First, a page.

Eid al-Adha literally means “Festival of Sacrifice.” It is also called Eid al-Kabeer – “The Large Feast.” It marks the culmination of the religious rituals on the hajj, the annual pilgrimage to Mecca. The four-day holiday begins on the 10th day of the Islamic month of Dhu’l-Hijja, the twelfth month of the Islamic calendar, and continues for three more days.
Eid al-Adha honors the willingness of Ibrahim (Abraham) to sacrifice his son as an act of obedience to Allah’s command. This story, so familiar to Jews and Christians from Genesis 22, is told in Surah 37 in the Quran. While the Quran does not clearly state which son of Ibrahim (Abraham) this was, most Muslims believe that it was Ishmael. The account in Genesis 22 stresses that it was the son of the promise – Isaac.
This is the second of the two main holidays celebrated by Muslims of all sects and affiliations. Just as Eid al-Fitr comes as the culmination of the month of fasting, Eid al-Adha comes as the conclusion of the month of pilgrimage.
In the Quranic story, Ibrahim showed that he was willing to submit to Allah’s command and make the ultimate sacrifice. But while Ibrahim was willing, Allah did not require it. He provided an animal to sacrifice in the son’s place.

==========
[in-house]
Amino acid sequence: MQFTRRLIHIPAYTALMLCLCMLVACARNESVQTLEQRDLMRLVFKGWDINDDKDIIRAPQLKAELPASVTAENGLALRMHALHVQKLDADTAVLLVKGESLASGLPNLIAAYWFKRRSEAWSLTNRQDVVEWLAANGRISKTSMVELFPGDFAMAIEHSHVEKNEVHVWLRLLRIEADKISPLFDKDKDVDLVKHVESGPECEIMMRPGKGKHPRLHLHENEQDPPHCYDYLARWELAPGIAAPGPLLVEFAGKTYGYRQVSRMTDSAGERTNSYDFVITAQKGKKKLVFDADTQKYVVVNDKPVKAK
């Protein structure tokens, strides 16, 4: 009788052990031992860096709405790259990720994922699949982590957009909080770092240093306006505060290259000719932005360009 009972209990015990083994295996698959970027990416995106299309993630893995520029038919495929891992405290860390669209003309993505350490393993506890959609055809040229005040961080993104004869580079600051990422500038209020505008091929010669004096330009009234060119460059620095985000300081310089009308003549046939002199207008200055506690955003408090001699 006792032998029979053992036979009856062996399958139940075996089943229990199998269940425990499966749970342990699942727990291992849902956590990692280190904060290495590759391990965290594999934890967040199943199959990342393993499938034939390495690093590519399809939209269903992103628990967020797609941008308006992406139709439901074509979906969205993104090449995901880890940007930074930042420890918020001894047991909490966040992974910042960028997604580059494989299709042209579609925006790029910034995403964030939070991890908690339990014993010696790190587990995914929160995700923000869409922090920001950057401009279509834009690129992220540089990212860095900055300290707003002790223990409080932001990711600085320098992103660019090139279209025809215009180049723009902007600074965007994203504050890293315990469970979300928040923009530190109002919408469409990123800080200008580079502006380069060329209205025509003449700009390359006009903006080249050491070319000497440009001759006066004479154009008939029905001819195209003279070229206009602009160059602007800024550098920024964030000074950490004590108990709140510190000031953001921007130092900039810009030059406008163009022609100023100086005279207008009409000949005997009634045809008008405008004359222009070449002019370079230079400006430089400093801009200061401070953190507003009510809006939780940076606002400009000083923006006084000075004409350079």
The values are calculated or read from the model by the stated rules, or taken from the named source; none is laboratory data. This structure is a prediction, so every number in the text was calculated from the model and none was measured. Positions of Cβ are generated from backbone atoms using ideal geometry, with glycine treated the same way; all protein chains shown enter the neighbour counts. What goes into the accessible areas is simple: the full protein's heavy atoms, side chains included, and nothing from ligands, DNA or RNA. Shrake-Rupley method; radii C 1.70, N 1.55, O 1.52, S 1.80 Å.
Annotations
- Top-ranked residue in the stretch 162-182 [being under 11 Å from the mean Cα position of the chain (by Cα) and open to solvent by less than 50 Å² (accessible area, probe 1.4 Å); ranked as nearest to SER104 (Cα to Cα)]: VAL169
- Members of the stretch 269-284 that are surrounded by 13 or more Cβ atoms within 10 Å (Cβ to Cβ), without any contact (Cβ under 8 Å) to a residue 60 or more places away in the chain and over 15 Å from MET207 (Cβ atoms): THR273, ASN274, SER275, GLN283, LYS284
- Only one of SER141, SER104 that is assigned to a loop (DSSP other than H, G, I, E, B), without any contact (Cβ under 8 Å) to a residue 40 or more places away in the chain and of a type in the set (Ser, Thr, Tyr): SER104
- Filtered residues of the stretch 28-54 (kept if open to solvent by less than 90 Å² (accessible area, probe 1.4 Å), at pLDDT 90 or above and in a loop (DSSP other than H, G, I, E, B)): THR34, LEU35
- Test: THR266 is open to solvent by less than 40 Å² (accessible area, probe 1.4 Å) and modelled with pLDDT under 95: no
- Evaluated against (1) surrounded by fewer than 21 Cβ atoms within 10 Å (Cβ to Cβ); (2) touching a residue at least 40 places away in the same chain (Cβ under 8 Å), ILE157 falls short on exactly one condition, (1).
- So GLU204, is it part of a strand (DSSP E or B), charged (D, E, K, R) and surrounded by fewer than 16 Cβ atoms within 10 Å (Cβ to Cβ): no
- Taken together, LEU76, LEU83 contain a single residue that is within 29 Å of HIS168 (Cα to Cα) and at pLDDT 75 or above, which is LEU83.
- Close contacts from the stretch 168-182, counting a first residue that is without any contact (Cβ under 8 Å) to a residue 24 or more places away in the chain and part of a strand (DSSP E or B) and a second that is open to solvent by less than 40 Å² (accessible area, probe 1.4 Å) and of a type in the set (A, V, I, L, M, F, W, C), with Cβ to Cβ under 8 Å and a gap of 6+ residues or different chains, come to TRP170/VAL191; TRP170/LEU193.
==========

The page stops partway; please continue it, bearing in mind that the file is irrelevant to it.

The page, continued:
Though this festival commemorates Abraham’s willingness to sacrifice his son, the Old Testament meaning of such blood sacrifices is not understood by Muslims. Muslims understand that the sacrifice itself, as practiced during Eid al-Adha, has nothing to do with atoning for their sins or seeing blood as necessary for cleansing from sin.
The symbolism of the blood sacrifice is in the attitude – a willingness to make sacrifices in their lives, to give up some of what they treasure, in order to stay on the “straight path.” A true Muslim – who submits completely to Allah – is willing to completely follow Allah’s commands
The central event of Eid al-Adha is a family’s ritual slaughter of a costly animal. Every family that can afford to do so voluntarily slaughters a ritually acceptable animal (a sheep, goat, cow, or camel). Each family kills the animal in the courtyards of their house or in the streets.
They cut the carcass into thirds and distribute it equally among themselves, the poor, and friends and neighbors. Every year, hundreds of millions of animals are slaughtered on this day around the world.
A typical Eid al-Adha begins with Eid prayers in the morning, along with the killing of the sacrificial animal.
Many communities organize a massive public outdoor prayer time in the morning of the first day of the festival. The women spend hours cooking specialty foods for the holiday, and everyone dresses in new clothes. Families, friends, and neighbors share food and gifts with each other and visit one another late into the night.
Former Muslim believers in Christ often find it the hardest time of the year, and some substitute this Muslim feast with a new Christian celebration. Others see it as mostly a social event and happily join their Muslim families as they visit and enjoy time together.